ARLINGTON, Ohio - Thomas E. Honecker, 61, co-owner the last 40 years of a Findlay rental company and a leader in groups that train and test bird dogs, died Thursday in Blanchard Valley Hospital of an apparent heart attack.
Mr. Honecker of Hancock County's Madison Township was president of K-T Equipment Rental. He and his father, Ken, bought an existing rental business in 1970.
"His dad said, 'See what you can do,'•" Mr. Honecker's wife, Mary, said.
Mr. Honecker's imagination was the only limit as he expanded the firm's offerings. K-T rented out backhoes, air compressors, and ditchers, but also lawn seeders and, for graduations and parties, tables and chairs, and even hog roasters.
"His philosophy has always been, you can't rent what you don't have," his wife said. "He would try different things, and if it didn't rent, he would move on. He always thought variety was what he needed. He was a just a very savvy businessman."
At the start, he toured other rental businesses and found them to be dumpy, dirty places. About 20 years ago, K-T moved into a new facility. He lined up and color-coded his products. He power-washed items as they were returned.
"He was a meticulous person and that helped his business," his wife said. "He was a prime example of what a rental business should be."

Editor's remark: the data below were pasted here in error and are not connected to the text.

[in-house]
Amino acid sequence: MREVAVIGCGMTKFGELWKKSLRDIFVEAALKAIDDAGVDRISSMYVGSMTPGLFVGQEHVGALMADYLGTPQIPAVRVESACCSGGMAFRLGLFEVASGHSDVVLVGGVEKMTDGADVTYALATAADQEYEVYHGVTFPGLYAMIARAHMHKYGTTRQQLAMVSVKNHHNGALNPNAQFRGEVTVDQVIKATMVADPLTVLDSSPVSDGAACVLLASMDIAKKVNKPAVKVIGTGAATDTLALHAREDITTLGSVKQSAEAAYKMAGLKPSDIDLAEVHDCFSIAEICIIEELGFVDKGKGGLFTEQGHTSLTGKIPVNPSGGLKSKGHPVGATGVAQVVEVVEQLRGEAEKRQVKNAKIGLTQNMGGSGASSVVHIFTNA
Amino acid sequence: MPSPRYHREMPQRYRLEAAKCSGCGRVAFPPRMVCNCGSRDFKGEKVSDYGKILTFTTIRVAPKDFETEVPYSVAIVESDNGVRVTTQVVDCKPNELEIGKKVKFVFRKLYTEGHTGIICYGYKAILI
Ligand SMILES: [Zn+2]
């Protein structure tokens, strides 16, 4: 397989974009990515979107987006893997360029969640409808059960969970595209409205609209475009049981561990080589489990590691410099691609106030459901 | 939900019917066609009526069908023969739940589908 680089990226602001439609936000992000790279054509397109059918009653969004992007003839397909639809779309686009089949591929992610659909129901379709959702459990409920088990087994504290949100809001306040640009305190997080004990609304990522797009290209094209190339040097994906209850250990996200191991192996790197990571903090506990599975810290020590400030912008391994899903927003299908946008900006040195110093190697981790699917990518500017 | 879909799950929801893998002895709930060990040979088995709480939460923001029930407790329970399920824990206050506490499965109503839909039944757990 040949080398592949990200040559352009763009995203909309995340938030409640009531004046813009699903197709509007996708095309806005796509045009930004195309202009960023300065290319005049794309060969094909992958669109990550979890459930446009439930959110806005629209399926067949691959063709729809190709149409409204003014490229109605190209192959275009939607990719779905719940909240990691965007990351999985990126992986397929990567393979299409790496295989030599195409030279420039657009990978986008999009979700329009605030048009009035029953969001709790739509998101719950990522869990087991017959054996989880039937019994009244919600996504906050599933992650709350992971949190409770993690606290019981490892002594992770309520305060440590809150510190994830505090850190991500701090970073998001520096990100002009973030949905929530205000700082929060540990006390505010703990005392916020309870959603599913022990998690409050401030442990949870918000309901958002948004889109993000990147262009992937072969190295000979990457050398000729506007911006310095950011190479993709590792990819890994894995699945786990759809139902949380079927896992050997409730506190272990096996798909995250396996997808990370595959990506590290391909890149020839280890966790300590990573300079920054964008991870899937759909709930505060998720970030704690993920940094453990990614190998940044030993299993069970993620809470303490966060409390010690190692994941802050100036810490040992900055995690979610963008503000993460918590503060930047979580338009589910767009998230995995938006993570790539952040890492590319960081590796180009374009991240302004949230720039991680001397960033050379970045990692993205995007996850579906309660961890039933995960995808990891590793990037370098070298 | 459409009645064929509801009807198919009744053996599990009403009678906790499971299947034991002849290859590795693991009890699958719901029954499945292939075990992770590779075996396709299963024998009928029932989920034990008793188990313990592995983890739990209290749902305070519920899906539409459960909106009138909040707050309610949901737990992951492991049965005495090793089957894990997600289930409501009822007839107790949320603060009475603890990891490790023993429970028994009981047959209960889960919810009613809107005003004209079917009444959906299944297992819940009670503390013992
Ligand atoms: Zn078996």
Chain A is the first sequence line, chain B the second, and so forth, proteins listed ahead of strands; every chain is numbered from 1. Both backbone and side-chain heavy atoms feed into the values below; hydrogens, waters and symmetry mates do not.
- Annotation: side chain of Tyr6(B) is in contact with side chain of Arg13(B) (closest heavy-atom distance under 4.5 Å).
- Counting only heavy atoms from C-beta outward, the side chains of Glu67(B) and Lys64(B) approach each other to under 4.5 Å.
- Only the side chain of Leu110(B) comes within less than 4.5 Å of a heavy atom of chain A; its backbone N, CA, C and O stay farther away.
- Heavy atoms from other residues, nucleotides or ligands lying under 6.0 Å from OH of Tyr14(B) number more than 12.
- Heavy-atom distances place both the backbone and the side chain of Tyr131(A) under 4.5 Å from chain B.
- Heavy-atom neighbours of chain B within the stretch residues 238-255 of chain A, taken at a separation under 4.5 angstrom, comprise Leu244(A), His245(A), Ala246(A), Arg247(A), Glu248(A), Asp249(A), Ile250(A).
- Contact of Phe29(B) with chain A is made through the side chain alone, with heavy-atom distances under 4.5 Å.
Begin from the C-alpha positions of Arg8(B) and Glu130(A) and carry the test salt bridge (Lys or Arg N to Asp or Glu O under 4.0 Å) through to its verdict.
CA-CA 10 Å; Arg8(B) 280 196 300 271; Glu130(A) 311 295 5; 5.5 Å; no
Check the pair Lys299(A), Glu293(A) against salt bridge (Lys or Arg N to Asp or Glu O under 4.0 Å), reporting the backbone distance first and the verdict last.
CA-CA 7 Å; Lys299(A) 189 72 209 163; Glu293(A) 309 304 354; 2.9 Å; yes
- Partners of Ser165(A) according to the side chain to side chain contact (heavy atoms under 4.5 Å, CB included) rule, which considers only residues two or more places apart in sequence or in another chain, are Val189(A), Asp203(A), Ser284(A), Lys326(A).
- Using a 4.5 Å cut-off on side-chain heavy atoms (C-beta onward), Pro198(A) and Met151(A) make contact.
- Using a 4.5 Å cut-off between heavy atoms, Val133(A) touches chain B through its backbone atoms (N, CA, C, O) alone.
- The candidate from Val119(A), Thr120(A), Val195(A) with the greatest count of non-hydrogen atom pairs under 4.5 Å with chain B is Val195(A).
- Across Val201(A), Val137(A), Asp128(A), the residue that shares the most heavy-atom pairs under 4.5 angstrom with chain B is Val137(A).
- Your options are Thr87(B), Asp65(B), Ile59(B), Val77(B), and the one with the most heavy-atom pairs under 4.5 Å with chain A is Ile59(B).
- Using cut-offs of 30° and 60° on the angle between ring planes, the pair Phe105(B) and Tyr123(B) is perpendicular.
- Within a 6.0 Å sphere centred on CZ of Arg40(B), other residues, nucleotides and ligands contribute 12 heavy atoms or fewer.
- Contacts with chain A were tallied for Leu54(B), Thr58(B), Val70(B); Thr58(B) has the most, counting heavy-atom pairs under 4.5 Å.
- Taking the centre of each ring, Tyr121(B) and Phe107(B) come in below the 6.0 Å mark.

As an avocation, Mr. Honecker owned and trained English pointers and horses, all of which took part in simulated-hunting competitions called field trials.
He was president of Associated Bird Dog Clubs of Ohio and the International Pheasant Championship Club. He was a past president of the Amateur Field Trial Clubs of America.
He was 8 when he won his first bird dog field trial at the Killdeer Plains Wildlife Area, near Upper Sandusky Ohio, according to a written statement he submitted in 2000 to the U.S. Senate Environment and Public Works Committee.
Through the decades, he won more than 60 major championships. He bought land in Mississippi in 1987 to hold field trials there.
His success could be credited to his discipline at training his dogs and his skill as an equestrian, his wife said.
"I think it's the mastery of the animal," his wife said, "knowing the animal so well you can get them to perform the way you want them to."
Family members counted on his strength.
"He had a way. Tom was always going to take care of everybody," his sister, Debra Poole, said. "If anybody had a problem, they knew they had to go to him."
Mr. Honecker grew up in Findlay and on a farm near Arlington. He was a 1966 graduate of Arlington High School. He received a bachelor's degree in animal science in 1970 from Ohio State University.
Though he didn't become a veterinarian, his son, Curt, did. In 2002, Mr. Honecker helped his son establish a veterinary practice in Dover, Ohio.
He formerly sponsored a sprint car team. The last two years, he ran the monthly horse sale in LaRue, Ohio.
Surviving are his wife, Mary, whom he married Oct. 4, 1969; father, Ken; son, Dr. Curt Honecker; daughter, Nicole Beach; sister, Debra Poole, and four grandchildren.
Services will be at 11 a.m. Monday in the Coldren-Crates Funeral Home, Findlay, where the body will be after 2 p.m. tomorrow. The family suggests tributes to the Century 21 Fund of the Amateur Field Trial Clubs of America.
Contact Mark Zaborney at:
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